The description of China in the strategy as a rival — as well as a partner and competitor — was for Bystron “the consequence of the US’ confrontational course toward China. This confrontation and division are not in the interests of Germany as an export nation,” he said.

For political scientist Wolfgang Schroeder from the University of Kassel, the AfD’s foreign policy positions demonstrate an attempt to set itself apart from the other German political parties. Geopolitically, said Schroeder, the AfD sees the traditional Western ties with the United States, which it regards as hegemonic, as having past their use-by date.

“The AfD considers Washington to be more part of the problem than part of the solution to the challenges facing Germany,” he told DW. “That’s because the AfD considers the US an imperial actor whose vested interests cannot be reconciled with those of Germany.”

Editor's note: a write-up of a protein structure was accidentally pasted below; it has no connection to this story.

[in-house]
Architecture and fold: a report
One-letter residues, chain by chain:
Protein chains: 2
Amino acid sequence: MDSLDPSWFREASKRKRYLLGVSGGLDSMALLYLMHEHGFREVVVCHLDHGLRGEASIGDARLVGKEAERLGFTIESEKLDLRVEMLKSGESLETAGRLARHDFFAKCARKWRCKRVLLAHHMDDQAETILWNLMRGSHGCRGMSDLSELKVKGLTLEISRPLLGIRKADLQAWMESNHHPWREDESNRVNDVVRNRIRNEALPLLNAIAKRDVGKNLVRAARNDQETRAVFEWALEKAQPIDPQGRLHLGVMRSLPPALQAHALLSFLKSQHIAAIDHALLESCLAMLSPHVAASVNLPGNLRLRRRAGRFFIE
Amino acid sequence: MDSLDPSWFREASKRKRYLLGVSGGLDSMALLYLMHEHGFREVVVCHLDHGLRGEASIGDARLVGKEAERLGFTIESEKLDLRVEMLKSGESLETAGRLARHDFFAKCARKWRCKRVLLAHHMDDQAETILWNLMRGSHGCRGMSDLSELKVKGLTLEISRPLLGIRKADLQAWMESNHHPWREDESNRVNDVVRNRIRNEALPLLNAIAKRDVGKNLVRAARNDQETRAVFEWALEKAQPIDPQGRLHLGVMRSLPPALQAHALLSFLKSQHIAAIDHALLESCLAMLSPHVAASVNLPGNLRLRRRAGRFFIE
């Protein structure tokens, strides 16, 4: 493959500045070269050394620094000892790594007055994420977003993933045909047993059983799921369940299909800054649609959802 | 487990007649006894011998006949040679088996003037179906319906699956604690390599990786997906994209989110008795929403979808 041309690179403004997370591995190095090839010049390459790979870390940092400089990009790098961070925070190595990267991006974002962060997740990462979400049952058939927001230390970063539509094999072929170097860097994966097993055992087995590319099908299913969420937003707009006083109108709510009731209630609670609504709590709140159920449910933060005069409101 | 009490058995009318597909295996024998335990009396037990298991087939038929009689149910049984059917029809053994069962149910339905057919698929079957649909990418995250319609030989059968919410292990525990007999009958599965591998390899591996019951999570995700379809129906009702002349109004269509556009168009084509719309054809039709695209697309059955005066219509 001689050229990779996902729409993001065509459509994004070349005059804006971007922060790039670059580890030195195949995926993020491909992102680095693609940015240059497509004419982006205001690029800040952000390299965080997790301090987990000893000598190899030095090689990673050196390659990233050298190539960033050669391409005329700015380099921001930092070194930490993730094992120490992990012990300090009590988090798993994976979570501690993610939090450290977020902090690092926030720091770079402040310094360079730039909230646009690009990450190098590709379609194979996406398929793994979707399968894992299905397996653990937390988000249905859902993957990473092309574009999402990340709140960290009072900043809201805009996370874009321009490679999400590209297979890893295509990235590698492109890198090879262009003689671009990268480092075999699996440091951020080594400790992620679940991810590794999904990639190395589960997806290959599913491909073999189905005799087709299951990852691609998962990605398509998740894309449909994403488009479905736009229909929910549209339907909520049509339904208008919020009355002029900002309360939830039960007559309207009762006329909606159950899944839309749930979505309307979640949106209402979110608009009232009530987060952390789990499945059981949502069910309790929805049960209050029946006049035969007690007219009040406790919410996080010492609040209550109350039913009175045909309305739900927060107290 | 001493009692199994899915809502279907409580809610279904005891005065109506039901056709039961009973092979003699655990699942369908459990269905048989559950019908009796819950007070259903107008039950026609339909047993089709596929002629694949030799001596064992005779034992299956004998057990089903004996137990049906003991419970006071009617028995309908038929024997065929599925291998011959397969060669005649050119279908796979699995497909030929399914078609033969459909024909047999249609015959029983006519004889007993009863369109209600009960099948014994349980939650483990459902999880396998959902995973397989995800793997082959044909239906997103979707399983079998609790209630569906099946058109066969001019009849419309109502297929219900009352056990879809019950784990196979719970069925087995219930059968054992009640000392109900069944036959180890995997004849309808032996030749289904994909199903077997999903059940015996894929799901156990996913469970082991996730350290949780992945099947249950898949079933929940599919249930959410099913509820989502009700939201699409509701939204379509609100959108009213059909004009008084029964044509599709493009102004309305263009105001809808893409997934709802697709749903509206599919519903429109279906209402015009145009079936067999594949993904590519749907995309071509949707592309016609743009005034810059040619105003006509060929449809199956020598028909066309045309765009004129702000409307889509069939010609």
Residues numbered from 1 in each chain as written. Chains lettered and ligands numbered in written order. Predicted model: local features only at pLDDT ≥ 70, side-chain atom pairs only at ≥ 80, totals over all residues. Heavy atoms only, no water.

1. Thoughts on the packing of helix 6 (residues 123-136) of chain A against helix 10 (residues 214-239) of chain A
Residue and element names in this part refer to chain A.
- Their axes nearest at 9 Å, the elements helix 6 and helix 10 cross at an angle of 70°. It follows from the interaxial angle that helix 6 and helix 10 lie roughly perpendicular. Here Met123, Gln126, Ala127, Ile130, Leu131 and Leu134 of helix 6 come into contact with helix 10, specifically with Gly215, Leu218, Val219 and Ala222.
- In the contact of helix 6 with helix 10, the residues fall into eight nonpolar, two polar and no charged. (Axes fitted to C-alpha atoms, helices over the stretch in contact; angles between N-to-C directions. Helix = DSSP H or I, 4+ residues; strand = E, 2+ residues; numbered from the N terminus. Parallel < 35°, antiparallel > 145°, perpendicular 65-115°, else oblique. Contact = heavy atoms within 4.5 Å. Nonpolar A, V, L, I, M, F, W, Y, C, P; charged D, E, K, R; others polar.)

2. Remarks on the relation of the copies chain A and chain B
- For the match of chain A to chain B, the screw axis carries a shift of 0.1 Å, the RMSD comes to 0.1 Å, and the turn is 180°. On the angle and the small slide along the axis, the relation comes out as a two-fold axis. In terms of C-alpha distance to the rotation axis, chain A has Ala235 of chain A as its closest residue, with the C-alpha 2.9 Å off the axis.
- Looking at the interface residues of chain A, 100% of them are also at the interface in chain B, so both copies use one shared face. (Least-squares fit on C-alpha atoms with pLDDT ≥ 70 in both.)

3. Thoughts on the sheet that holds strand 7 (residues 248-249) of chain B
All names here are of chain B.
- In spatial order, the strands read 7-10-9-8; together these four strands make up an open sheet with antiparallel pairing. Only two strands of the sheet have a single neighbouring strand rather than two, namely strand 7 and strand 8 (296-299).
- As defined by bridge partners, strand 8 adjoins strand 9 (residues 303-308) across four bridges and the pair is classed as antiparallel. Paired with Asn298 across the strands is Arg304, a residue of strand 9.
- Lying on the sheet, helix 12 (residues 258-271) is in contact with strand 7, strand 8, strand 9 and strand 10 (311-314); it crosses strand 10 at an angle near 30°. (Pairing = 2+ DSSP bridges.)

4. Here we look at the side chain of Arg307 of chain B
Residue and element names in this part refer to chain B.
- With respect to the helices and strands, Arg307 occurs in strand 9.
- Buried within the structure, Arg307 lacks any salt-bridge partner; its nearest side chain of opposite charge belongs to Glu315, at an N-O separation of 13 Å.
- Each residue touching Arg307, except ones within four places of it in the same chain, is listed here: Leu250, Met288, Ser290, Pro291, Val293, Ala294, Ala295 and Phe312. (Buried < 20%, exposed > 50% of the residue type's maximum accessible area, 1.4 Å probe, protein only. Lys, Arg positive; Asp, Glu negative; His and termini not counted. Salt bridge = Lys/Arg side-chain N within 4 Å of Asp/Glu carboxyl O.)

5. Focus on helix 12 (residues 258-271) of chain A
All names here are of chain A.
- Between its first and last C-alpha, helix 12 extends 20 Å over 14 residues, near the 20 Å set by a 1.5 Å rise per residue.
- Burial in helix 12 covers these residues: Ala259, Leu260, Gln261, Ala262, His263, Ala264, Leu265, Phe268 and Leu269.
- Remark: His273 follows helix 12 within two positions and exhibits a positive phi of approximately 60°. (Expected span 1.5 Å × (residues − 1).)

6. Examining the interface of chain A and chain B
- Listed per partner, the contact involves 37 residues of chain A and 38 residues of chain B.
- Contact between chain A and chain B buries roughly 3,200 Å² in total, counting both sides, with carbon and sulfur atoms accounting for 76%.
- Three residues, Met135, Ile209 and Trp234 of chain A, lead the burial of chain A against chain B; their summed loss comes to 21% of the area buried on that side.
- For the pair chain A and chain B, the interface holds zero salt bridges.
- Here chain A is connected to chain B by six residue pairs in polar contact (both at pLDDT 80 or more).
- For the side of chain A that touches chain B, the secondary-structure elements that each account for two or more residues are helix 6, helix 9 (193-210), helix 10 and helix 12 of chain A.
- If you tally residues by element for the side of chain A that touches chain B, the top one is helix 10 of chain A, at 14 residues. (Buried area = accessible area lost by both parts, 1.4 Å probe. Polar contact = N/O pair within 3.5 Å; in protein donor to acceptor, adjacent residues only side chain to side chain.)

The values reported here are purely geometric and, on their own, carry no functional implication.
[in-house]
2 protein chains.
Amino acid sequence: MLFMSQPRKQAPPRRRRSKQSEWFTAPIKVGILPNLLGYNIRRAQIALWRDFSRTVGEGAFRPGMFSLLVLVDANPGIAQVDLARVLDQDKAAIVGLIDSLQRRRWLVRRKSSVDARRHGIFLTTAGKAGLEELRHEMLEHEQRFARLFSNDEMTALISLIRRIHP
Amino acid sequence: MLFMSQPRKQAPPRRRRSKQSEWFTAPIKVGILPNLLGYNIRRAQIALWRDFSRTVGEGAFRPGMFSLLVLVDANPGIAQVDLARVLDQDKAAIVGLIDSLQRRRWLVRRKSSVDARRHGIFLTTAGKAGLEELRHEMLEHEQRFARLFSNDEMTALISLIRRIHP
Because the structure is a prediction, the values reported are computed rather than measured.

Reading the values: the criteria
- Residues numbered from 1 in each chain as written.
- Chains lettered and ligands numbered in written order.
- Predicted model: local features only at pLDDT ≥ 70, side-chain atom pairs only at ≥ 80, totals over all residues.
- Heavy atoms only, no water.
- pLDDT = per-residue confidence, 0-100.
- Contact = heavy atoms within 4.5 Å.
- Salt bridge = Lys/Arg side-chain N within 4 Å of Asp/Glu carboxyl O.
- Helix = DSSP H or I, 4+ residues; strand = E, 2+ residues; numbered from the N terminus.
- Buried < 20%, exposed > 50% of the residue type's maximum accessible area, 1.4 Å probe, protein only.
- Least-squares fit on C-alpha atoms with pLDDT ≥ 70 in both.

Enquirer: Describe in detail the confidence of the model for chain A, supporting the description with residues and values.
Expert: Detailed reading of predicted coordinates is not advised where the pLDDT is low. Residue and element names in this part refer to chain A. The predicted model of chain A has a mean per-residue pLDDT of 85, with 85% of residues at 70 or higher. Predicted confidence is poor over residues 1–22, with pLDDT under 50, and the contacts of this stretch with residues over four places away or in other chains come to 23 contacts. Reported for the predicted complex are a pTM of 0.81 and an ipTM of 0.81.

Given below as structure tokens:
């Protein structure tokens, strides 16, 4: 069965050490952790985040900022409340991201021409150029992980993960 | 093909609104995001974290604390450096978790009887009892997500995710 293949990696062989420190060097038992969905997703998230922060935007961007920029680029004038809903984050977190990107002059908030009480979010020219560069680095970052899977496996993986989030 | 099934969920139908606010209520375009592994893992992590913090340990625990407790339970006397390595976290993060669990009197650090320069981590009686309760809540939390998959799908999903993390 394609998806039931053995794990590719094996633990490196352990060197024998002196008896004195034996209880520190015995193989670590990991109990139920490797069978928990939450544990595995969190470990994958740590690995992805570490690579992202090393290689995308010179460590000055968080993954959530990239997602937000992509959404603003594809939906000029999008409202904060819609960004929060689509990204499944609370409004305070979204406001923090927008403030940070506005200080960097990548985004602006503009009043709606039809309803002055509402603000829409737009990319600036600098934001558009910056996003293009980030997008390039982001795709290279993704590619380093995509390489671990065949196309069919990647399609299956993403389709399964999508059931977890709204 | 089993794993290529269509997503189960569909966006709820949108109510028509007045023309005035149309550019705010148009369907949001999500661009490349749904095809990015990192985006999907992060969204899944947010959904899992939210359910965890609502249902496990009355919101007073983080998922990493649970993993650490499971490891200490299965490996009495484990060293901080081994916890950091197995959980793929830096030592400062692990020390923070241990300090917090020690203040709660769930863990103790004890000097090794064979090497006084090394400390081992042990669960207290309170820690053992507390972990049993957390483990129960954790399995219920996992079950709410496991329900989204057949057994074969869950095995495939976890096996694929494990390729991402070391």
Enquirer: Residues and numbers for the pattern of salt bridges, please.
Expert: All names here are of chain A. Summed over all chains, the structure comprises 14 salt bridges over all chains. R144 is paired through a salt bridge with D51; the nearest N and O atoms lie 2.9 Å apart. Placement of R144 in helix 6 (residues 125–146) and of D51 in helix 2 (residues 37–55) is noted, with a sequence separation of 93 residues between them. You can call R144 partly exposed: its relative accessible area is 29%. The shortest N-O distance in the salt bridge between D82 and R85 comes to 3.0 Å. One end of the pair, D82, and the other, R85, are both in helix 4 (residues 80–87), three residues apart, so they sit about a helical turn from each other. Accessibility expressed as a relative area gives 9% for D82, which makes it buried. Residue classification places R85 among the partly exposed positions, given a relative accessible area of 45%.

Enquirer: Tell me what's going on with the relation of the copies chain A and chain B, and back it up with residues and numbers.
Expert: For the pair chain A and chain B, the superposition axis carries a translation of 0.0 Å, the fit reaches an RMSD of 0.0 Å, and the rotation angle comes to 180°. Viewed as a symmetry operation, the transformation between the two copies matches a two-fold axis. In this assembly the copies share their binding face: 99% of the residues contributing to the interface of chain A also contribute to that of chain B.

Germany acting in its own self interest? It would seem those days have passed, which brings us to another aspect of the plane-trouble symbolism.

The Government’s Foreign Policy Is in Disarray

Let’s take just the two examples of India and China. Beijing was originally treated as an afterthought in the Scholz government’s aforementioned Zeitenwende. Scholz’s party seemingly had no interest in shooting Germany in the foot a second time following the “de-risking” from Russia. But dragged along by the Greens, pressure from the US and other anti-China forces across Europe, Berlin has started down such a path with its largest trading partner.